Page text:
Experts said Monday that any attempt to extradite the man who says he leaked details about the U.S. government’s secret monitoring of phone calls and Internet use from Hong Kong could be long and complicated.
The U.S. and Hong Kong signed an extradition treaty in 1996, just before the British handed over control of the territory to China, in which both parties agreed to hand over fugitives. While Hong Kong is a semi-autonomous Chinese territory, Beijing can veto extraditions if it believes returning a suspect to a foreign country would impinge on its essential public interest or policy.
Edward Snowden, who says he worked as a contractor for the highly secretive National Security Agency in the United States, said he disclosed the country’s surveillance programs because he grew increasingly concerned about the extent of the monitoring. He had taken up residence in a Hong Kong hotel, and on Sunday he urged two newspapers he had leaked information to, Britain’s Guardian and The Washington Post, to disclose his identity.
A New York lawyer who has handled international extradition cases, Robert Anello, told a reporter that any extradition of Snowden could take years, and be a complicated decision for China.
“Whether or not they would decide to override it and keep him is a political issue that would be a very involved decision. I mean, given China’s relationship with the U.S., which at least appears to be relatively good these days, one might argue against it. On the other hand, if his computer is full of important information that would be of interest to a foreign government, they would have an interest in overriding it and maintaining him there,” said Anello.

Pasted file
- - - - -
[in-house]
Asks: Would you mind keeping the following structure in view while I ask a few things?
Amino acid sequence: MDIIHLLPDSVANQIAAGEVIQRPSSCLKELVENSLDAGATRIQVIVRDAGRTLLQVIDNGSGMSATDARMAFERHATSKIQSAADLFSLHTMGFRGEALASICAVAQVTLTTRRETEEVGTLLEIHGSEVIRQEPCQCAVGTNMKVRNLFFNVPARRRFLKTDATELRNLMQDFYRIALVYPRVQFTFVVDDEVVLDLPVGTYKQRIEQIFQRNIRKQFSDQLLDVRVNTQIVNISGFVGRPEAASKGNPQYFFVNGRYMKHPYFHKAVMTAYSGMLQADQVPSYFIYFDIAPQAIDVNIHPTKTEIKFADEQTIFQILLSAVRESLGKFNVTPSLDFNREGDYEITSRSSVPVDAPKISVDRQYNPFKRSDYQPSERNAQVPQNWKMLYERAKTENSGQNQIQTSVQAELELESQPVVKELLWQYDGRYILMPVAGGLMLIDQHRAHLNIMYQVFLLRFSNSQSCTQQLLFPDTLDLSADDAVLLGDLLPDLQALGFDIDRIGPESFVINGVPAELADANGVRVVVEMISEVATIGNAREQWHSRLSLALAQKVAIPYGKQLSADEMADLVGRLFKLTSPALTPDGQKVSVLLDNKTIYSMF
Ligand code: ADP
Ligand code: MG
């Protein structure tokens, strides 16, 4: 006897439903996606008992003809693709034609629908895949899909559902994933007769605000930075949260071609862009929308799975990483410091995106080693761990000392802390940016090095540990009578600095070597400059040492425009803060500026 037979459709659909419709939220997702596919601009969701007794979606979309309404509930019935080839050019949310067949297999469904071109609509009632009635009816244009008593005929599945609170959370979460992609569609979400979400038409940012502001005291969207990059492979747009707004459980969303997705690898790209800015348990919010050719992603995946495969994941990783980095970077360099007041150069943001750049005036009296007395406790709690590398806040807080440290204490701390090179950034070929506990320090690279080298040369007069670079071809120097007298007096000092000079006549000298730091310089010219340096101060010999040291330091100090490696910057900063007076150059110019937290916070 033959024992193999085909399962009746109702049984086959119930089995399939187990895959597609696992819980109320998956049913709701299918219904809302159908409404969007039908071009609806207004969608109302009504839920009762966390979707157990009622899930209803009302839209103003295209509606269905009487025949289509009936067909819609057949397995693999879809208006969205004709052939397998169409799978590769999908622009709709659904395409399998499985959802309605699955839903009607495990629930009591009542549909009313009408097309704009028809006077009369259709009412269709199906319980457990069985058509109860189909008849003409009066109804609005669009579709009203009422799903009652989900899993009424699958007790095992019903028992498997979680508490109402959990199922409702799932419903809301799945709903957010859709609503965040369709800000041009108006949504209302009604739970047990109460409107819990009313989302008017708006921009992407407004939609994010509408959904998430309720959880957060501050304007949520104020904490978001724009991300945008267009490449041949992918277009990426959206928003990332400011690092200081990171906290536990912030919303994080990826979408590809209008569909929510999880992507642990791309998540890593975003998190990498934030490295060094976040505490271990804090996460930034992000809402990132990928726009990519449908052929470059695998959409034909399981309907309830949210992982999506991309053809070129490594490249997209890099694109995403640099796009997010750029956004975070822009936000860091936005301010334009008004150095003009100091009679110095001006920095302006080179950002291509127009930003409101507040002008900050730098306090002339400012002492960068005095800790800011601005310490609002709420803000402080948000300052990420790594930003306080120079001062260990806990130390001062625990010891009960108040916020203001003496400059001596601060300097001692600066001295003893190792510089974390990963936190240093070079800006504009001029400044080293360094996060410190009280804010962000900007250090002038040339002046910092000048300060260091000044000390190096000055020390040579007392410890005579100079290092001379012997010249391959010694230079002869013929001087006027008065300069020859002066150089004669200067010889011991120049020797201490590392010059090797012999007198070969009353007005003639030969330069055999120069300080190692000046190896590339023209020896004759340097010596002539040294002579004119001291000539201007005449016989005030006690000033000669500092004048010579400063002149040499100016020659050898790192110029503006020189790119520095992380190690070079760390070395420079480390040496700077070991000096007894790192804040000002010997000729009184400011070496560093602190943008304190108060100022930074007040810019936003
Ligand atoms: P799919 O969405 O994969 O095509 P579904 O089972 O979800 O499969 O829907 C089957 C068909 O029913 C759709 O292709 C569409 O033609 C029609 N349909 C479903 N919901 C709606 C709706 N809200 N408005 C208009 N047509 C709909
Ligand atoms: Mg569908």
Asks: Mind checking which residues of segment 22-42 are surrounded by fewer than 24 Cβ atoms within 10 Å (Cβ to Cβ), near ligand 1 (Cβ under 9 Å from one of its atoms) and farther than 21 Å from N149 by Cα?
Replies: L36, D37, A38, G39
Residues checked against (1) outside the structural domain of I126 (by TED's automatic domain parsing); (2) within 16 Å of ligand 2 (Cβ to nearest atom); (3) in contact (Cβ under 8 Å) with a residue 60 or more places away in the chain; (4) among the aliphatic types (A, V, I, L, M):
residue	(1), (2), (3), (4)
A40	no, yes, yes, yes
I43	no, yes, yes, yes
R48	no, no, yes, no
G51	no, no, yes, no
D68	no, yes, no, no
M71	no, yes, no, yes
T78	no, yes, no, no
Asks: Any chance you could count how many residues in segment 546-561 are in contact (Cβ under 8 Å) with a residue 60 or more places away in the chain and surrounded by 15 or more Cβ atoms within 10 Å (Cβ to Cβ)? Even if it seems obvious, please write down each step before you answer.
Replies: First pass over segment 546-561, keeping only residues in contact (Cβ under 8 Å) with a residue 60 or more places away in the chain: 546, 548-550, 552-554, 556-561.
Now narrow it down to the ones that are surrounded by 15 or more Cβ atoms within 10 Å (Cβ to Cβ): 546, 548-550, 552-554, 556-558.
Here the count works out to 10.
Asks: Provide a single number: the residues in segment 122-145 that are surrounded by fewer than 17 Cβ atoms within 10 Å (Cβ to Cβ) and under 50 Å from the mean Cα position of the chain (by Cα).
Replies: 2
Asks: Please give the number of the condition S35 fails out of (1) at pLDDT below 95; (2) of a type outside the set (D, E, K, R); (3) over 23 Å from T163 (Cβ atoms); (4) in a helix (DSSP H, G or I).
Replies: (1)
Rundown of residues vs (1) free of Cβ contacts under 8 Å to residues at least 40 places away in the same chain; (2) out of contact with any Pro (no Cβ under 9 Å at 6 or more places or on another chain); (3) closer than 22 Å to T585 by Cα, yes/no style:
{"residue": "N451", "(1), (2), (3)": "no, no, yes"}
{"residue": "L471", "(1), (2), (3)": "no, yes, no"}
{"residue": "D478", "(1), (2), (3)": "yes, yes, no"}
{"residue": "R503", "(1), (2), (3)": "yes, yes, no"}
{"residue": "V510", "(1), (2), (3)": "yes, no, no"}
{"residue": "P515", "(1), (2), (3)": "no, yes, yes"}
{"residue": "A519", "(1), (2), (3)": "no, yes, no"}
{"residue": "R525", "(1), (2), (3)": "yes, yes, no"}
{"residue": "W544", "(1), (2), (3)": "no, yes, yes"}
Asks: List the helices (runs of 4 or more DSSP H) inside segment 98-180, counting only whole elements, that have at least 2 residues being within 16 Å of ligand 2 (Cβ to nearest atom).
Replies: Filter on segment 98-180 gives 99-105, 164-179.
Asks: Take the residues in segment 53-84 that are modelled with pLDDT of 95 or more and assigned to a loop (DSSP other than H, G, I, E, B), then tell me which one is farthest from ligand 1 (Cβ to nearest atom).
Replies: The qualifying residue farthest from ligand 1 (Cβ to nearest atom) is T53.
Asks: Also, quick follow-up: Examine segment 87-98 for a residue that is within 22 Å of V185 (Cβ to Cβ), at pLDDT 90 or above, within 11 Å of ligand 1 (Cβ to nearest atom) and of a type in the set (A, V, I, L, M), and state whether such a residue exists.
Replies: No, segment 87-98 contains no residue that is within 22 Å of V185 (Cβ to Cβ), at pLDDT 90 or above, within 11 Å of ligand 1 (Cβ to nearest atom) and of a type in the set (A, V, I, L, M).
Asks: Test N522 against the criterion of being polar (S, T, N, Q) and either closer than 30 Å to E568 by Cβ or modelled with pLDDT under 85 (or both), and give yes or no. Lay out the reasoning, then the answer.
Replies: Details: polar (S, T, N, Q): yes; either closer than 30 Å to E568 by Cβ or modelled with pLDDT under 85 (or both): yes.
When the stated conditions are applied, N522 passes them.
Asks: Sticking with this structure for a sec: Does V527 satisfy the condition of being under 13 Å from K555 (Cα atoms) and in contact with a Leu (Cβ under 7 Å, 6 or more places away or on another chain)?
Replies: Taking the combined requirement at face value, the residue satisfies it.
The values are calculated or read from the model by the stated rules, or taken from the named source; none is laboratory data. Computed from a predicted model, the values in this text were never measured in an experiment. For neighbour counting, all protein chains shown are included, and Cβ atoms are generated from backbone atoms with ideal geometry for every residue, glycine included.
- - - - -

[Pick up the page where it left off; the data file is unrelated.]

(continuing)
Ultimately, Anello said he thinks “the odds are very substantial” that the United States will be able to extradite Snowden.
Snowden told the Guardian he went to Hong Kong because it “has a strong tradition of free speech.”
The Hong Kong government said only that it would abide by its laws, and could not comment on individual cases. U.S. authorities say they are in the initial stages of investigating the leaks, and no formal criminal charges have been filed.
One Hong Kong legal expert, Ronny Tong, said he is not certain that even if the U.S. charges Snowden with offenses related to his acknowledged leak of the documents to the two newspapers it would lead to his extradition.
“If he is being indicted for the crime of espionage in United States, again I am not sure that that would suffice in Hong Kong, because in Hong Kong there is no law as yet which covers espionage or covers the leakage of national interest because we have failed in passing Article 23 legislation, which is the national security legislation in Hong Kong,” said Tong.
Another expert, Shi Yinhong at the U.S. Research Center at Renmin University, questioned whether the Chinese government would want to approve Snowden’s release to U.S. authorities.
“I also think that the Chinese government also will consider the indirect negative impact upon Chinese international prestige, because it’s not in Chinese interest to help the U.S. government to take someone who has done nothing criminal against China, but maybe who will get some international sympathy,” said Shi.
Snowden also expressed interest in seeking asylum in Iceland, but officials in the North Atlantic island nation said he would have to appear in person to seek asylum there.
In a lengthy interview with the Guardian, Snowden said his dismay grew over time at the extent of the U.S. surveillance of phone and Internet records. He said he believed that Americans not suspected of any wrongdoing were being targeted.
“Even if you’re not doing anything wrong, you’re being watched and recorded,” said Snowden.